our grotesque lack of accountability -
Deliver our country, Lord
Deliver us!
ssss

Read Post →

10-07-2013_1_thumb

Repression in the Name of Rescue: The Oireachtas Justice Committee’s Sex Work Proposals

, , Comment Closed

Wendy Lyon of Feminist Ire on the barely noticed draconian measures recommended by the Joint Oireachtas Committee on Justice, Defence and Equality to be included in the forthcoming legislation to criminalise the purchase of sex.

Last month, the Joint Oireachtas Committee on Justice, Defence and Equality announced its support for legislation to criminalise the purchase of sex. While this received some media coverage, little notice was taken of the related recommendations put forward simultaneously by the Committee – some of which are frankly draconian. These include the following: 

  • “An offence of recklessly permitting a premises to be used for the purposes of prostitution”. Although a sex worker who operates alone out of a premise is committing no crime under either the present or proposed legislation, this would effectively criminalise indoor commercial sex by penalising a landlord who fails to act against it. According to a report commissioned by the City of Oslo, a similar provision in Norway’s penal code (enforced under the ominously-named “Operation Homeless”) has led to the eviction of sex workers from their flats, and makes them less likely to contact police about crimes committed against them lest the police then threaten their landlords. It has also led to the racial profiling by landlords of “nationality groups associated with prostitution”, who now find it difficult to rent premises and must depend on third parties to secure accommodation for them. 
  • “power for An Garda Síochána to have disabled or vested in them any telephone number in use in the State that is suspected on reasonable grounds of being used for the purposes of prostitution”. This provision could cut off sex workers’ access to communication by phone – which would affect them in all aspects of their life, not merely their sex work activity. (While many sex workers use one phone for personal calls and one phone for business, it’s unlikely the Gardaí could easily distinguish between the two unless they were prepared to listen in to all calls made or received by a suspected sex worker – a civil liberties breach reminiscent of the Snowden revelations.) Denying sex workers the right to use telephones could also have adverse effects for their safety, by making it impossible for them to use “ugly mugs” schemes that alert them to dangerous clients, or preventing them calling for help if attacked.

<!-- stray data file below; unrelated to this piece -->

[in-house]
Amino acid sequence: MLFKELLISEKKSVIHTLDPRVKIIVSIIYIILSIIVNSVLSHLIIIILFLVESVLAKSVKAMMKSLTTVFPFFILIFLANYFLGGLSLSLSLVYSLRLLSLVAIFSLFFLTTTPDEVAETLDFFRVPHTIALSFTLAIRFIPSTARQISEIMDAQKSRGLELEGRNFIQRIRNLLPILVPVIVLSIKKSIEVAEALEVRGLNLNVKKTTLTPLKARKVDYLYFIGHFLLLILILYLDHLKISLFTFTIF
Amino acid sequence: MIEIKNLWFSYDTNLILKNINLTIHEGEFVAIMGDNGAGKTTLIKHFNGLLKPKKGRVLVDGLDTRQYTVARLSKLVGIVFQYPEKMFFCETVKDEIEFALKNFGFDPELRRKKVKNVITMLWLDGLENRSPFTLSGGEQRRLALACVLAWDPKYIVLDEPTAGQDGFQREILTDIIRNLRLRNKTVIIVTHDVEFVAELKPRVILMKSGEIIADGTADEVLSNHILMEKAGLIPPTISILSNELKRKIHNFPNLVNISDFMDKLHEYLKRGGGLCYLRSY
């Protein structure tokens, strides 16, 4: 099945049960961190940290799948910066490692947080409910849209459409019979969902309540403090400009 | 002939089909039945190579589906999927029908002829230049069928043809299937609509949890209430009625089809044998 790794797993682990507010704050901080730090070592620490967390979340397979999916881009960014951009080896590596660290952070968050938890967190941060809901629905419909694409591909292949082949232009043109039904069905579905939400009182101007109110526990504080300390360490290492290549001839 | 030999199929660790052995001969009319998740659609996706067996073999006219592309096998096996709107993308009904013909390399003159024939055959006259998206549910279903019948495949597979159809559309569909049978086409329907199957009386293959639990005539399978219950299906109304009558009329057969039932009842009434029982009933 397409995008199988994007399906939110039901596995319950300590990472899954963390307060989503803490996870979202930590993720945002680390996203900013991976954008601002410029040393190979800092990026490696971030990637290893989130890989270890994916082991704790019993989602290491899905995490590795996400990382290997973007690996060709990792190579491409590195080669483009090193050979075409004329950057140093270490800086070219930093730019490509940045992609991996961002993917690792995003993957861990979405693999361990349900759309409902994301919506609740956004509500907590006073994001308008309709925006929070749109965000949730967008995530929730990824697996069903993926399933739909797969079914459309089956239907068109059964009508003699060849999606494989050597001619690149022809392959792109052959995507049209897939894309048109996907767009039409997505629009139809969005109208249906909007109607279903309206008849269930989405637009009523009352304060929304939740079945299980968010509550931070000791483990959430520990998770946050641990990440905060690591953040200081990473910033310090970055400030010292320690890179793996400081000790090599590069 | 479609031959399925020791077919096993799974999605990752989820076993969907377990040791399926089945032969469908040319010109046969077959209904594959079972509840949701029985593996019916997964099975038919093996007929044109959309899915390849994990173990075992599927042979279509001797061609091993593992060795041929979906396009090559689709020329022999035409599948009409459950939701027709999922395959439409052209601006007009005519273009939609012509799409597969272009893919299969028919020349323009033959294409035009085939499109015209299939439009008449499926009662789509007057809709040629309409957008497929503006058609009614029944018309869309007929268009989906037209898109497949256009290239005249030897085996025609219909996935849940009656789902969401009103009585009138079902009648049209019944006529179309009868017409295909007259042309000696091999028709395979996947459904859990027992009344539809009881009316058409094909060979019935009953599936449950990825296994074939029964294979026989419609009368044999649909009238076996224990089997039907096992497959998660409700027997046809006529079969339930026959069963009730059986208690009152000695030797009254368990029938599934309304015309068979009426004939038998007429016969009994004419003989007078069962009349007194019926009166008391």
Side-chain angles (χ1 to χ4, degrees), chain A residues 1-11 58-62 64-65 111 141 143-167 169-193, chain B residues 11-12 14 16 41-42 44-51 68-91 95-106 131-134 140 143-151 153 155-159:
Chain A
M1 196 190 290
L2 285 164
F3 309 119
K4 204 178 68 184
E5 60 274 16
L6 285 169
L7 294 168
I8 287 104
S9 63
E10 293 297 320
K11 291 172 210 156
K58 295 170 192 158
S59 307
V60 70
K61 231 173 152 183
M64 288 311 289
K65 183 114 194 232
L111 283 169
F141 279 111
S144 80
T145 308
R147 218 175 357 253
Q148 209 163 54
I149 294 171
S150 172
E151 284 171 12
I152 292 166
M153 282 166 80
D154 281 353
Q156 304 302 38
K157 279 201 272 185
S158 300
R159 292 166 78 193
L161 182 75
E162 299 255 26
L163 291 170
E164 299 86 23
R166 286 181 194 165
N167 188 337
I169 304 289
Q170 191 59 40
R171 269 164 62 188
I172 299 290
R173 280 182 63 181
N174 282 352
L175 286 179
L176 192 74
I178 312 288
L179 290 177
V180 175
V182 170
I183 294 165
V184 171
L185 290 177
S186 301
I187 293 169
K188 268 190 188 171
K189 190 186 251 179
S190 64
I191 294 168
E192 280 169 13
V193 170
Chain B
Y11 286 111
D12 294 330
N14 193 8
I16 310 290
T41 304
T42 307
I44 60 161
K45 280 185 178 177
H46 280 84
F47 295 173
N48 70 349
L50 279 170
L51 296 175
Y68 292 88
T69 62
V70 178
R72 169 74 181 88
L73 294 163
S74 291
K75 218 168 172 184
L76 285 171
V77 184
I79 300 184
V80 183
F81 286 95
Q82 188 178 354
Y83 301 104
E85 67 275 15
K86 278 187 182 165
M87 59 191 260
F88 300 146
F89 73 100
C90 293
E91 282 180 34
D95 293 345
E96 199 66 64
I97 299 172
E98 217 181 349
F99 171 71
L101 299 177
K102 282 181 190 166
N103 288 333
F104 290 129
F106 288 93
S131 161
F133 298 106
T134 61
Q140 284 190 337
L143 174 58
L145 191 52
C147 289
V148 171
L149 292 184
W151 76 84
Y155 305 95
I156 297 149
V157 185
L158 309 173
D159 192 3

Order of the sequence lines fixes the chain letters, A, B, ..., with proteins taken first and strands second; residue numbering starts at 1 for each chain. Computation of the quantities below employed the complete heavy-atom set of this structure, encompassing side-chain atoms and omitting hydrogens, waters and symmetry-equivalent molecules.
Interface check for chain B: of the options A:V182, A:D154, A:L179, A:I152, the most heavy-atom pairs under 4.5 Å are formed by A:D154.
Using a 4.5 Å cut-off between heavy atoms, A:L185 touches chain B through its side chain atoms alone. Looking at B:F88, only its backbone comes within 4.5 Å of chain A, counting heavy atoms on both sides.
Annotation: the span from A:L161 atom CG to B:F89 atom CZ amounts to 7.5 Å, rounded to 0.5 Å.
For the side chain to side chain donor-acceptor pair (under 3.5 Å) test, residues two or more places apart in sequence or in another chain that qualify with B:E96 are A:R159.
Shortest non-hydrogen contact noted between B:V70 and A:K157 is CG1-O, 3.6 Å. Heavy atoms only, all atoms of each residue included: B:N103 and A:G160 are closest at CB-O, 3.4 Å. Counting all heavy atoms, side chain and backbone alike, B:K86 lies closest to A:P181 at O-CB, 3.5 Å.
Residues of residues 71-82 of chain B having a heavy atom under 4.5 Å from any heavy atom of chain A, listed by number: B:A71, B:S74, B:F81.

• “that the accessing of web sites – whether located in the State or abroad – that advertise prostitution in the State should be treated in the same way as accessing sites that advertise or distribute child pornography”. Leaving aside the question of whether it is appropriate to treat seeking out sex from an at least potentially consenting adult as comparable to seeking out abuse of a child, this proposal makes no distinction between those who seek out sex and those who advertise it. Thus, sex workers themselves could be liable to prosecution (and presumably placement on the sex offenders’ registry) by accessing these sites for the purpose of advertising. Outreach health and social service workers who engage with sex workers through these sites, as well as sex industry researchers, would also be affected. It goes without saying that this proposal would require a significant expansion of the apparatus already in place to monitor Irish internet usage. 

Read Post →

Rotun_6

Alternative Proposals

, , Comment Closed

Alternative Proposals

the Fine Gael health minister proposes a panel of two obstetricians